DIY: Working Class and their exhibitions have injected a new life into the Durban art scene. What are you and your fellow companions, Skullboy and Tyrone Bradley, hoping to eventually achieve with this initiative?

Christian: It is really awesome to hear that. Durban is so rich with talent, our mission as WorkingClass is to showcase it to the rest of the country and give our local artists and illustrators the recognition and opportunities they deserve, which will hopefully inspire them to stay here. Working with SkullBoy and Tyrone has been really awesome. I have a great deal of respect for both of them as artists and now friends. WorkingClass is really taking shape and gathering great momentum with the support we’ve had. Our recent touring exhibition “Locals Only” was the fruit of our efforts and hard work. The work from all three cities was of a really high standard. We hope to do these touring exhibitions more often as we really feel that there isn’t enough interaction between artists amongst the three cities. We hope these touring exhibitions will narrow the gap a little going forward. We are also so stoked with the support we have received at our exhibitions at the Upstairs Bar, it’s so awesome to see the layers of talent we have here in Durban. We are so grateful to all the artists and art lovers that have come to support us and took part in our shows. The three of us will continue to work towards putting collective and solo shows together with local and national artists. We are working on some exciting projects for the latter part of this year, which I’m sure you’ll hear about from SkullBoy soon enough. At the moment we are just focusing on keeping up the momentum to hopefully start organizing a show every month. We all just need to stop complaining about shit and start creating our own opportunities. To all the haters: Durban is rising.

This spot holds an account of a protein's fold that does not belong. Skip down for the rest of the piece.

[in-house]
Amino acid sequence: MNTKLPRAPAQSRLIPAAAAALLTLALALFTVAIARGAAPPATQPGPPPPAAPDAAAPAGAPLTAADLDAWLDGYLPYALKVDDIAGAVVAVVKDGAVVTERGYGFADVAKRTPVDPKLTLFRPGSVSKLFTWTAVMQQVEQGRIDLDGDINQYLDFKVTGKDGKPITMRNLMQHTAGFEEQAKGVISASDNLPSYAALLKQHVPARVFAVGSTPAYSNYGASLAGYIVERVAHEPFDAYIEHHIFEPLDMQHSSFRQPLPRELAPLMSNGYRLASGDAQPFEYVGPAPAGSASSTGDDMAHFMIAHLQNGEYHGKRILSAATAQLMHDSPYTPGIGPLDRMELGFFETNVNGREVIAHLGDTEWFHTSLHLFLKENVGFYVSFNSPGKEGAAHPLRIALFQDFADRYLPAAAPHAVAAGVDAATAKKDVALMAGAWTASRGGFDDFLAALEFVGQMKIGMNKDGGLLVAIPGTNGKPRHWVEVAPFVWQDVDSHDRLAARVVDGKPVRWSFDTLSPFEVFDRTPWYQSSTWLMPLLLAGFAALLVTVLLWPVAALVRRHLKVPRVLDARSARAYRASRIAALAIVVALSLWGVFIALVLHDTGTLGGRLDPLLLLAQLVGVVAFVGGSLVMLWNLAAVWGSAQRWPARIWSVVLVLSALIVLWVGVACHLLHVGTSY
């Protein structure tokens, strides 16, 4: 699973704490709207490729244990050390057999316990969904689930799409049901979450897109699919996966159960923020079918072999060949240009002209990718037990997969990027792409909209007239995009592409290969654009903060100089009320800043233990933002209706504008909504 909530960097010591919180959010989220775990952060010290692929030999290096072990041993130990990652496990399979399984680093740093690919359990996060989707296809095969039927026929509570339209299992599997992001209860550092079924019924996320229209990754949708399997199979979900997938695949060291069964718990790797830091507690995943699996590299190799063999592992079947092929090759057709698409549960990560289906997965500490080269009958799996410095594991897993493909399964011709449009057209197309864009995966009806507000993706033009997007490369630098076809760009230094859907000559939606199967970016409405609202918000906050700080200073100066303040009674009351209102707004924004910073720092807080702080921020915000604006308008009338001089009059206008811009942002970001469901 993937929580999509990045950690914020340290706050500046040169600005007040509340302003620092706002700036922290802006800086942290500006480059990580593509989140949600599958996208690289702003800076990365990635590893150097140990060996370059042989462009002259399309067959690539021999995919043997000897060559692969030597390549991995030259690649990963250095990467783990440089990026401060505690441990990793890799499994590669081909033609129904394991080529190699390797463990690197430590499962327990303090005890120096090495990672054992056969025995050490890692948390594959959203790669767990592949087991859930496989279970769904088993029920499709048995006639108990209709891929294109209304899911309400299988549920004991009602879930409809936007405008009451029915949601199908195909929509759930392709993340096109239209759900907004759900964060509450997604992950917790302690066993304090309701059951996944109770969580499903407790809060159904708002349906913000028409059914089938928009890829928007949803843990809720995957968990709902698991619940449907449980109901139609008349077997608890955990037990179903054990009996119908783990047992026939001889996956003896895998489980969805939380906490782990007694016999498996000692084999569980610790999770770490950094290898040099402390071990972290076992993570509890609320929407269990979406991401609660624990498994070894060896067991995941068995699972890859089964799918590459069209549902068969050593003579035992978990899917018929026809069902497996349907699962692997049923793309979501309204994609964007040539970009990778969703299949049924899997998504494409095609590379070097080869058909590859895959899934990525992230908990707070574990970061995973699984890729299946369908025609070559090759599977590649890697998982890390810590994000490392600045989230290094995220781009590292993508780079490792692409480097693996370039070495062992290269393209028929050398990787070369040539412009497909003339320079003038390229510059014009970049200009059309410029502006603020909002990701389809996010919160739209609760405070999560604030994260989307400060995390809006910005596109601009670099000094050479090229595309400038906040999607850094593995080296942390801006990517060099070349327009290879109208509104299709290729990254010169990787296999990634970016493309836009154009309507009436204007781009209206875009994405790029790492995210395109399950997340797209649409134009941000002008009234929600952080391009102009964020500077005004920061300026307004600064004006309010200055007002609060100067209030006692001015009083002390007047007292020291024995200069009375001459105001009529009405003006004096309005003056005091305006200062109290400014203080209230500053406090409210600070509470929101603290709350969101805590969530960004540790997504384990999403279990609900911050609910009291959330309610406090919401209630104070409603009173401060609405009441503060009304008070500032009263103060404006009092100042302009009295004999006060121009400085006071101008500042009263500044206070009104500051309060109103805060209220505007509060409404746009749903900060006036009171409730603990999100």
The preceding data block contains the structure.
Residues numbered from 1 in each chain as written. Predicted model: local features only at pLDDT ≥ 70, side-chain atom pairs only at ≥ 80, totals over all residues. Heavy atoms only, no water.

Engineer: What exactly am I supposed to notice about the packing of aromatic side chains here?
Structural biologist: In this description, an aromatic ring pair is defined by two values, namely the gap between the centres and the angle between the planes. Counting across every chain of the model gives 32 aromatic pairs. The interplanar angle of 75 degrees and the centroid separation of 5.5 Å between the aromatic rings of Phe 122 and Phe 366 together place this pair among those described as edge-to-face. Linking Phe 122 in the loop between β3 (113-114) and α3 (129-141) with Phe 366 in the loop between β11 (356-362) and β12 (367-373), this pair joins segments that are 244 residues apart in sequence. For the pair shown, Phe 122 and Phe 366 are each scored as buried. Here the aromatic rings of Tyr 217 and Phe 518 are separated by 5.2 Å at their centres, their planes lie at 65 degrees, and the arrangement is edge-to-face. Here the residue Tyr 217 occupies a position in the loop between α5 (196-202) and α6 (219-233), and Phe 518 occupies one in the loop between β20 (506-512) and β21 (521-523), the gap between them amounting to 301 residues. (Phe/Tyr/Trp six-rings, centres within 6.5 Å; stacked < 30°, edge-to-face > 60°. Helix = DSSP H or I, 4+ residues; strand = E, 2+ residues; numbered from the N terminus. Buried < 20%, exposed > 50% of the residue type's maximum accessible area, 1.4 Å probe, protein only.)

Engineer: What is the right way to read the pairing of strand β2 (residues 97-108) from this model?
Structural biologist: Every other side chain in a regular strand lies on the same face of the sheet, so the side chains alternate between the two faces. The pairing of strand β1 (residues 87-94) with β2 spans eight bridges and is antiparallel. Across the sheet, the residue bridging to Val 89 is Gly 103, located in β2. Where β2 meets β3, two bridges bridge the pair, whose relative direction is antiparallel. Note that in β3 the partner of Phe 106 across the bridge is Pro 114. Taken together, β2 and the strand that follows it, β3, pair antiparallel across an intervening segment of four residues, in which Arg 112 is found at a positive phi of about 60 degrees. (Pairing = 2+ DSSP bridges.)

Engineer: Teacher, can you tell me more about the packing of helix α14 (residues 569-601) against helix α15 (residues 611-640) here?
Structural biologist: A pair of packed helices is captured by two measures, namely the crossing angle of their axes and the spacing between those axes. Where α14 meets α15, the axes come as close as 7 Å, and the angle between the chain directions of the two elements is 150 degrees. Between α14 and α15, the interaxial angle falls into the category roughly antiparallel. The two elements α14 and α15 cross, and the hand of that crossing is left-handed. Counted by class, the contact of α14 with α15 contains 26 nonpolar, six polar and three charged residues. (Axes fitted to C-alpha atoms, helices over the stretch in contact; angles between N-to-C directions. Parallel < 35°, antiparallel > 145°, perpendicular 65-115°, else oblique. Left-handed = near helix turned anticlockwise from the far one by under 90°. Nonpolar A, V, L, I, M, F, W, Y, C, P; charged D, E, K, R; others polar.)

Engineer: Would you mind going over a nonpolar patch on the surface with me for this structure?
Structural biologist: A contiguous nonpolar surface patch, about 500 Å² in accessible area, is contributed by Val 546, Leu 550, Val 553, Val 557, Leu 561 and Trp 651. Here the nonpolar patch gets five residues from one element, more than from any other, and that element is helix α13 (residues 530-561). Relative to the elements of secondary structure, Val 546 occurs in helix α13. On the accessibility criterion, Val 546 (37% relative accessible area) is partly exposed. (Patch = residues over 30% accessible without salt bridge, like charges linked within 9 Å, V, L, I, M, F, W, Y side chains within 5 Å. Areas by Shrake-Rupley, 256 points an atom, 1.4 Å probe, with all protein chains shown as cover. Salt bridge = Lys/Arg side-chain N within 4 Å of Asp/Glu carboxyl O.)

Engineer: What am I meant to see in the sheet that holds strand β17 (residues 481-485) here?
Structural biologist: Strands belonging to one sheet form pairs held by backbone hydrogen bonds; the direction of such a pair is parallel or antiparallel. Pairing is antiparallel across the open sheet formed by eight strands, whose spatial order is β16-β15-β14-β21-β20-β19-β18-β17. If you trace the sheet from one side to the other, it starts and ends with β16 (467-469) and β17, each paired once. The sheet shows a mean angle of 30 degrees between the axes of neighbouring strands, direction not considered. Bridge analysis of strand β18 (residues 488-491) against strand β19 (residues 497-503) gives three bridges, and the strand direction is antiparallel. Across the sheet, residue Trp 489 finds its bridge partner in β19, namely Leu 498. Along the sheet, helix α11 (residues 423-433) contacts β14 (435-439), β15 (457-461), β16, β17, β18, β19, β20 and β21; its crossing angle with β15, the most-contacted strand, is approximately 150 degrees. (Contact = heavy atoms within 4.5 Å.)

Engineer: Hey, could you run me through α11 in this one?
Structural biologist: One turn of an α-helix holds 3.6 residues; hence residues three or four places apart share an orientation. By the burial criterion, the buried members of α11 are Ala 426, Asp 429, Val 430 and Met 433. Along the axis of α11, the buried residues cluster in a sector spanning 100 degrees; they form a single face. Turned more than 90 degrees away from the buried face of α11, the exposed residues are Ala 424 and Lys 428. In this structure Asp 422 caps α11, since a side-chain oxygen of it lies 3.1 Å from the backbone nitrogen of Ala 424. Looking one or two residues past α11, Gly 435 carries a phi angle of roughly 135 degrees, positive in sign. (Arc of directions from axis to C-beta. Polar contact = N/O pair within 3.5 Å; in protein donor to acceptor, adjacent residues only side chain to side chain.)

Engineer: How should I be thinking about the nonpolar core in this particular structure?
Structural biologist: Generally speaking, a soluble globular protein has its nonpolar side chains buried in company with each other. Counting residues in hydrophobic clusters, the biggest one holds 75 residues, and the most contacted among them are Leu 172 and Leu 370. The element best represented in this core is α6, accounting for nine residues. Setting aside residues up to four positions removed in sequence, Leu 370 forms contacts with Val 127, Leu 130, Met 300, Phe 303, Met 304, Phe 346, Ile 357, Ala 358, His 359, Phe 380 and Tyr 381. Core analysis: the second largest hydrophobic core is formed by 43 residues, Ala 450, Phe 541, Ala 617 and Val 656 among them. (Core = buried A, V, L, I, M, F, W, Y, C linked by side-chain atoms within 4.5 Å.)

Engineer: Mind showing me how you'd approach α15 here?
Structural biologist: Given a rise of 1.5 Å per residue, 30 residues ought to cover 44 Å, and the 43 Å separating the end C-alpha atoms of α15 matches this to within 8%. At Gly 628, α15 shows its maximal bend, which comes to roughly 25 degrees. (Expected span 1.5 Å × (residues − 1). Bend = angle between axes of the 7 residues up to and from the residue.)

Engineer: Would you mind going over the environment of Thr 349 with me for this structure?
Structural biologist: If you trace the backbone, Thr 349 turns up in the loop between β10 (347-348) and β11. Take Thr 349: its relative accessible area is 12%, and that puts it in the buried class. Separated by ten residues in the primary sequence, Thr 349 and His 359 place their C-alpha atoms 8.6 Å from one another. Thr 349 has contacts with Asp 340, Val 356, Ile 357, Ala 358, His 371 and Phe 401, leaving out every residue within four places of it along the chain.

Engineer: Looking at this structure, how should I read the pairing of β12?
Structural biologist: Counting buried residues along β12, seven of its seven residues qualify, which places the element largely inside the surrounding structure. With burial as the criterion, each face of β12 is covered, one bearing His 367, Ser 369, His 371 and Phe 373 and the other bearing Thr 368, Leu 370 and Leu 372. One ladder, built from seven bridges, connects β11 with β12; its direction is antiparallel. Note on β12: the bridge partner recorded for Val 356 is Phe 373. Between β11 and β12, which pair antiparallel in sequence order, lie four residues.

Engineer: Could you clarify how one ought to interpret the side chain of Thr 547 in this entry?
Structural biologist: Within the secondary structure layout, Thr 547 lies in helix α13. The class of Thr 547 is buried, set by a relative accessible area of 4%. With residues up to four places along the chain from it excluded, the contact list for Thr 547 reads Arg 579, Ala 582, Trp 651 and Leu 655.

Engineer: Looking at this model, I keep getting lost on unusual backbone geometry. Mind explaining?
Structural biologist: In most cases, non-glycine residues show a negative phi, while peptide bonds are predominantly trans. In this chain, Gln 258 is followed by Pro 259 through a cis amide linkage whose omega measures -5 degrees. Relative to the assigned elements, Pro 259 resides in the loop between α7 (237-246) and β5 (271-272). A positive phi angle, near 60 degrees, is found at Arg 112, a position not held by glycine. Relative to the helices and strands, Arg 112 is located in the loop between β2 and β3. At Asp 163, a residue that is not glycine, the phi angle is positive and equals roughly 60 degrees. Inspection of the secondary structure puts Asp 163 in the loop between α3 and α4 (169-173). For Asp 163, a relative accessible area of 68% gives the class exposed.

DIY: Lastly, do you have any exhibitions or shows lined up? Apart from continuing to put out great work, what lies ahead for Christian Mugnai?

Christian: I’m hoping to start a family this year with my beautiful wife. I’m working on a solid body of work, which I’m hoping to show at the end of the year. With whom and where, I have no idea yet. I’m just quietly gathering momentum and trying to keep a balance between everything else that is demanding attention in my life.

 

Sick, thanks for your time! For more check out his work over here

 

Comments
14 Responses to “Christian Mugnai”
  1. Warren says:

    Amazing artist, Im a huge fan of his work, as well as Skullboy. When is the next Working class exhibit????

  2. Trevor says:

    Def one of this countries’ most talented artists.
    And a down to earth guy. Keep it going my bru.

  3. Chris Prior says:

    Christian you beauty!!awesome work bru!!

  4. mark g says:

    He’s definitely one of the most talented and chaotically gifted people around. Truly amazing! Never ceases to blow my mind.

  5. Kweefer Sutherland says:

    That heart blew my fucking mind!

  6. Marco says:

    Bravo Giotto! Mitico! As stathi says elbow grease always ends up paying!!!
    Finally being widely recognized and truly respected!!!!!

  7. Adam says:

    A huge inspiration for me.
    Huge fan of your work and the effort you are making to put Durban on the map.
    Big ups!

  8. Montana says:

    WOW

  9. Ian Lewis says:

    Another DHS art student I am incredibly proud of! DIY track down the rest of them! What a great interview!

  10. Turck says:

    Always wondered who did the Spiga stuff.
    Great work!

  11. Durban Is Mine says:

    Awesome, love the Verb stuff

  12. Daniela says:

    Bravo Mugnai – My super talented son-in-law. Well done!

  13. David says:

    Great style Christian, keen to see more

  14. Andrew says:

    I am looking for Christians phone number for work if anyone has it, many thanx